My springboard for this is the ghost stories we have today via Pliny the Younger (and when are we going to start referring to the Bushes as Younger and Elder?). I'm not on a particular mission to de- or re-bunk, so Athenodorus the philosopher spending a night in a haunted house (perhaps the first appearance of that trope, although it's not for a million dollars), seems kind of ho-hum, but this caught my eye:
A young lad of my family was sleeping in his apartment with the rest of his companions, when two persons clad in white came in, as he says, through the windows, cut off his hair as he lay, and then returned the same way they entered. The next morning ... there was the hair again, spread about the room.Wait, what? "It is customary for persons under public accusation to let their hair grow?" I think of Washington, and imagine a long-locked Scooter Libby doing a perp walk to his trial, and I find it bizarre. Do they have to grow it long, to show that they're under the gun? Or do they choose to grow it long, to appear brazen and innocent? How long does the impeachment process take, anyhow -- do they look like David Crosby at the trial, or just guys who need a trim?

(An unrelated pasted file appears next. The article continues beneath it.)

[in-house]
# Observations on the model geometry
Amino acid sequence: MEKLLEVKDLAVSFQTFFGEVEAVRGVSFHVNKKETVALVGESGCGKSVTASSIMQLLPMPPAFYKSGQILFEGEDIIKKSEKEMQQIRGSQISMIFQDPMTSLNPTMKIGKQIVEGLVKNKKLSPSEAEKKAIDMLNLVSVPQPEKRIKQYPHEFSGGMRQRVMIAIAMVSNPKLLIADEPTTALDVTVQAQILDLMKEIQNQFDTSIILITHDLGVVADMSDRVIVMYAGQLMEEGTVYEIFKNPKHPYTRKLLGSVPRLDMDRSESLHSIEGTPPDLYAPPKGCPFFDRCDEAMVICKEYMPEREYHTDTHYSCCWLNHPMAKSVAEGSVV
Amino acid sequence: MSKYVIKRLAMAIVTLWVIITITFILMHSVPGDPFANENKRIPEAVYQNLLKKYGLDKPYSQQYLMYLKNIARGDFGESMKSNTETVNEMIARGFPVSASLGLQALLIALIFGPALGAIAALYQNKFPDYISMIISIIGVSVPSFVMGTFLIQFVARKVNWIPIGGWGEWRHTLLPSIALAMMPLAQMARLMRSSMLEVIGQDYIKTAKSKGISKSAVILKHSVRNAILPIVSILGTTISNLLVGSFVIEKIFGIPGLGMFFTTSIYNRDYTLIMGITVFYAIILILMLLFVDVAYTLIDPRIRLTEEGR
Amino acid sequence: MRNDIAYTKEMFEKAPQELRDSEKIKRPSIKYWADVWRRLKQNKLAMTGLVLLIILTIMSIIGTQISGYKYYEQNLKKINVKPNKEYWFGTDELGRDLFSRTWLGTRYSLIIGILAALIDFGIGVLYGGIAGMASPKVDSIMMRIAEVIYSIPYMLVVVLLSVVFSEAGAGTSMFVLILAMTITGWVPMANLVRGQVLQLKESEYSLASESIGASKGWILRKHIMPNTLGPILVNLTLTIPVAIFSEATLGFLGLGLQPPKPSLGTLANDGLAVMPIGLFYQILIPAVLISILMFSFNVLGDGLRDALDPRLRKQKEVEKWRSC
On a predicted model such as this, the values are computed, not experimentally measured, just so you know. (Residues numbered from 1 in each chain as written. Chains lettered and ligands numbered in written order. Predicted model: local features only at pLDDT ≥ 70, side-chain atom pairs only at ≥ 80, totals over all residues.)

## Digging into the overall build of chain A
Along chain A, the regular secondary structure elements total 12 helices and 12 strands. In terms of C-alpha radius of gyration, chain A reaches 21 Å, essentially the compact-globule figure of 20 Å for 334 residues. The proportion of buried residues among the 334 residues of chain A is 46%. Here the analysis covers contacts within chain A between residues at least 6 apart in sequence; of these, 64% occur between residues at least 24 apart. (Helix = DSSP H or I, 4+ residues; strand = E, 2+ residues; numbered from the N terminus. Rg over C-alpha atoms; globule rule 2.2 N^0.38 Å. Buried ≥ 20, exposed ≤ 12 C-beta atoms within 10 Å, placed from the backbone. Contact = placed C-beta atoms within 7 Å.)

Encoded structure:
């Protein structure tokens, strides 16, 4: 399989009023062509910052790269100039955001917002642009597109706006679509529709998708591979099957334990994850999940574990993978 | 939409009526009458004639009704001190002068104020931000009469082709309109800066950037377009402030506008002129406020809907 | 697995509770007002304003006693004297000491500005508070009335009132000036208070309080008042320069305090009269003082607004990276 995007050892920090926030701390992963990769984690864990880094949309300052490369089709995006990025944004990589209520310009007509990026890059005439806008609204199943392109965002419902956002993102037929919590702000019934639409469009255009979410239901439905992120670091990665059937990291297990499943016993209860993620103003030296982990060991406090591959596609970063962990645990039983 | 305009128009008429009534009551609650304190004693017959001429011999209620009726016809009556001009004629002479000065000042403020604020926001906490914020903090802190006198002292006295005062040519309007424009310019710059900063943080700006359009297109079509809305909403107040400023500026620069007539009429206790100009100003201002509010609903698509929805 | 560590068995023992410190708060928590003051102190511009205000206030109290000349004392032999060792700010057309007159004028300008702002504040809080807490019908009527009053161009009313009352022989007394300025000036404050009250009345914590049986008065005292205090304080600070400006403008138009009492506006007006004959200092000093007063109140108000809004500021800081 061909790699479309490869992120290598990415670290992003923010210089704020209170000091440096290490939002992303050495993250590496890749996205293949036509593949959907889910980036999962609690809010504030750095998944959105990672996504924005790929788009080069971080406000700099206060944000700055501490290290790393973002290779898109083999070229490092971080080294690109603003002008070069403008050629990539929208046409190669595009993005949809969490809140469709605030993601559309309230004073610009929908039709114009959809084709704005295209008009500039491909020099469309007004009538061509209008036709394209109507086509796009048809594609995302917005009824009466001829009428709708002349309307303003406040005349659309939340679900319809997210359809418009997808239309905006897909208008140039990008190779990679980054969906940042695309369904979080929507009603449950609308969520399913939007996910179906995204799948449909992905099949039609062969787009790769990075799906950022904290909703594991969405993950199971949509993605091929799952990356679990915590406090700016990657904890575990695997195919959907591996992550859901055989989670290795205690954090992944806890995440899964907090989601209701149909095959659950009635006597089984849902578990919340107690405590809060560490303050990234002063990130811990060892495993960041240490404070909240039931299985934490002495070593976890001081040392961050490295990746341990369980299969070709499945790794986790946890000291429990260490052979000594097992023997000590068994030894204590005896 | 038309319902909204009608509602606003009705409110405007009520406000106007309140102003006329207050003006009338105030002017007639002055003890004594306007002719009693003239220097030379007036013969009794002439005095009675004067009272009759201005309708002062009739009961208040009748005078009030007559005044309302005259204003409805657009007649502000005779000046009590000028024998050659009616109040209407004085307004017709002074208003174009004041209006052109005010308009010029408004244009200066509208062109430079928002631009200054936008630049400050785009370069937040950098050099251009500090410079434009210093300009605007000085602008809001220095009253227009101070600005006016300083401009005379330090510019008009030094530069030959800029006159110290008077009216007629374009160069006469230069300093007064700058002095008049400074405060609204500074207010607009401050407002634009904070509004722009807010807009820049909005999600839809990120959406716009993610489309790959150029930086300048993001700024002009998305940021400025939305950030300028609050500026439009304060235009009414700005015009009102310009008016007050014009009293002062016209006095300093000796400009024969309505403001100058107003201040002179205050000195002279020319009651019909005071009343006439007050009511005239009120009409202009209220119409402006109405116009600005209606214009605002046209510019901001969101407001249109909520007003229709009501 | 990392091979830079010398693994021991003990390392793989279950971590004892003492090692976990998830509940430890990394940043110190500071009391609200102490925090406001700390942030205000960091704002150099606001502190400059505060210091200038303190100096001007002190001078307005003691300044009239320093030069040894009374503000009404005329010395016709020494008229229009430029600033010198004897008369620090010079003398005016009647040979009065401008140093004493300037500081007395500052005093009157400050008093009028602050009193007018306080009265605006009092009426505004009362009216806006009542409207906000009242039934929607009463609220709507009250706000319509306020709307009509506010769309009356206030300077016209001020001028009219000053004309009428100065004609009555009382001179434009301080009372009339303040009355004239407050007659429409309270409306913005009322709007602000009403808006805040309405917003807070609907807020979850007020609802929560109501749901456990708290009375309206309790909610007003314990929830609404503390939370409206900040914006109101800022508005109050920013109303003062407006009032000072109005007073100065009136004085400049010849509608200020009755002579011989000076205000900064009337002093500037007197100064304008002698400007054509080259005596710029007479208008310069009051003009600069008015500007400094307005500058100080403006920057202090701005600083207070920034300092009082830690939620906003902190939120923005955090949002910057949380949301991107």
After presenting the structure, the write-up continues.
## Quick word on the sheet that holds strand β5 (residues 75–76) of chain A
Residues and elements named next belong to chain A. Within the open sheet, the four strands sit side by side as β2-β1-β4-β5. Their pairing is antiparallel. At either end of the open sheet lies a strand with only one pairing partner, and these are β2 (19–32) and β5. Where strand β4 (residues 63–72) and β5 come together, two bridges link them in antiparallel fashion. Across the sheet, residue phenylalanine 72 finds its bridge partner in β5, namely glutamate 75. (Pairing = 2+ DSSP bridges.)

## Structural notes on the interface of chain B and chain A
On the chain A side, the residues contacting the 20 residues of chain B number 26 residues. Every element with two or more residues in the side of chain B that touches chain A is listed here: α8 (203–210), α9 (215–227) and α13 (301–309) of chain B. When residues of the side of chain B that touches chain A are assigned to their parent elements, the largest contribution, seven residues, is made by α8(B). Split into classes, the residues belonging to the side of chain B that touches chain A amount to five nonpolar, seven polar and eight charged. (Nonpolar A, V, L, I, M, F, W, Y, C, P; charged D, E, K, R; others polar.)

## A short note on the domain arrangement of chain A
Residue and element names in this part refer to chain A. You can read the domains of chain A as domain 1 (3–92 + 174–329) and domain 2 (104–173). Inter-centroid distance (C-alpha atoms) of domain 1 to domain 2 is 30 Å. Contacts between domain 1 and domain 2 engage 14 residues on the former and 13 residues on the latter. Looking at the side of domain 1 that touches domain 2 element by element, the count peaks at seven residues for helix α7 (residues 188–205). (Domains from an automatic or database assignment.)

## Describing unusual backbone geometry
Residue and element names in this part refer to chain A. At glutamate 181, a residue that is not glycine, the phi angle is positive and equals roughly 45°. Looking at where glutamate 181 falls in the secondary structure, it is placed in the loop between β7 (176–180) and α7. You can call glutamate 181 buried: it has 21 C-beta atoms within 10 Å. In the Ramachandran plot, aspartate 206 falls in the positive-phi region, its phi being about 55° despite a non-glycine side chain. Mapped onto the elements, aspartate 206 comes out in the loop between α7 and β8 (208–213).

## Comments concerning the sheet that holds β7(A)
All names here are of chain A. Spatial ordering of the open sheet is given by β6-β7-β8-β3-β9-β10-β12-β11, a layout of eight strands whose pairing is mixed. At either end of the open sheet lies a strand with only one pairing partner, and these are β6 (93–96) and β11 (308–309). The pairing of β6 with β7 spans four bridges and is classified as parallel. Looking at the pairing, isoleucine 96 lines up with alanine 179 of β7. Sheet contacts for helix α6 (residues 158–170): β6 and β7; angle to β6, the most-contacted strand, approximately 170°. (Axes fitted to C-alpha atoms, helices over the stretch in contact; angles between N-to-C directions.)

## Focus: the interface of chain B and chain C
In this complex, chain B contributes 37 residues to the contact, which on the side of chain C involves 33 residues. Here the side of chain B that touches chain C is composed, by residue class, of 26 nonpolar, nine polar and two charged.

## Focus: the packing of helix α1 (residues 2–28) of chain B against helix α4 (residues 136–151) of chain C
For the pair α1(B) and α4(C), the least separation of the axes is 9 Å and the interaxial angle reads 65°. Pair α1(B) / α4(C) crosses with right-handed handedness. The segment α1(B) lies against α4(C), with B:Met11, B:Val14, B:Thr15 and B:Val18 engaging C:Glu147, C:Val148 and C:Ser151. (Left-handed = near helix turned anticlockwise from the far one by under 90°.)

Nothing remarkable indeed followed these events, unless perhaps that I escaped a prosecution, in which, if Domitian (during whose reign this happened) had lived some time longer, I should certainly have been involved. For after the death of that emperor, articles of impeachment against me were found in his scrutore, which had been exhibited by Carus. It may therefore be conjectured, since it is customary for persons under any public accusation to let their hair grow, this cutting off the hair of my servants was a sign I should escape the imminent danger that threatened me.
I don't get it at all. I guess they would find neckties to be similarly weird.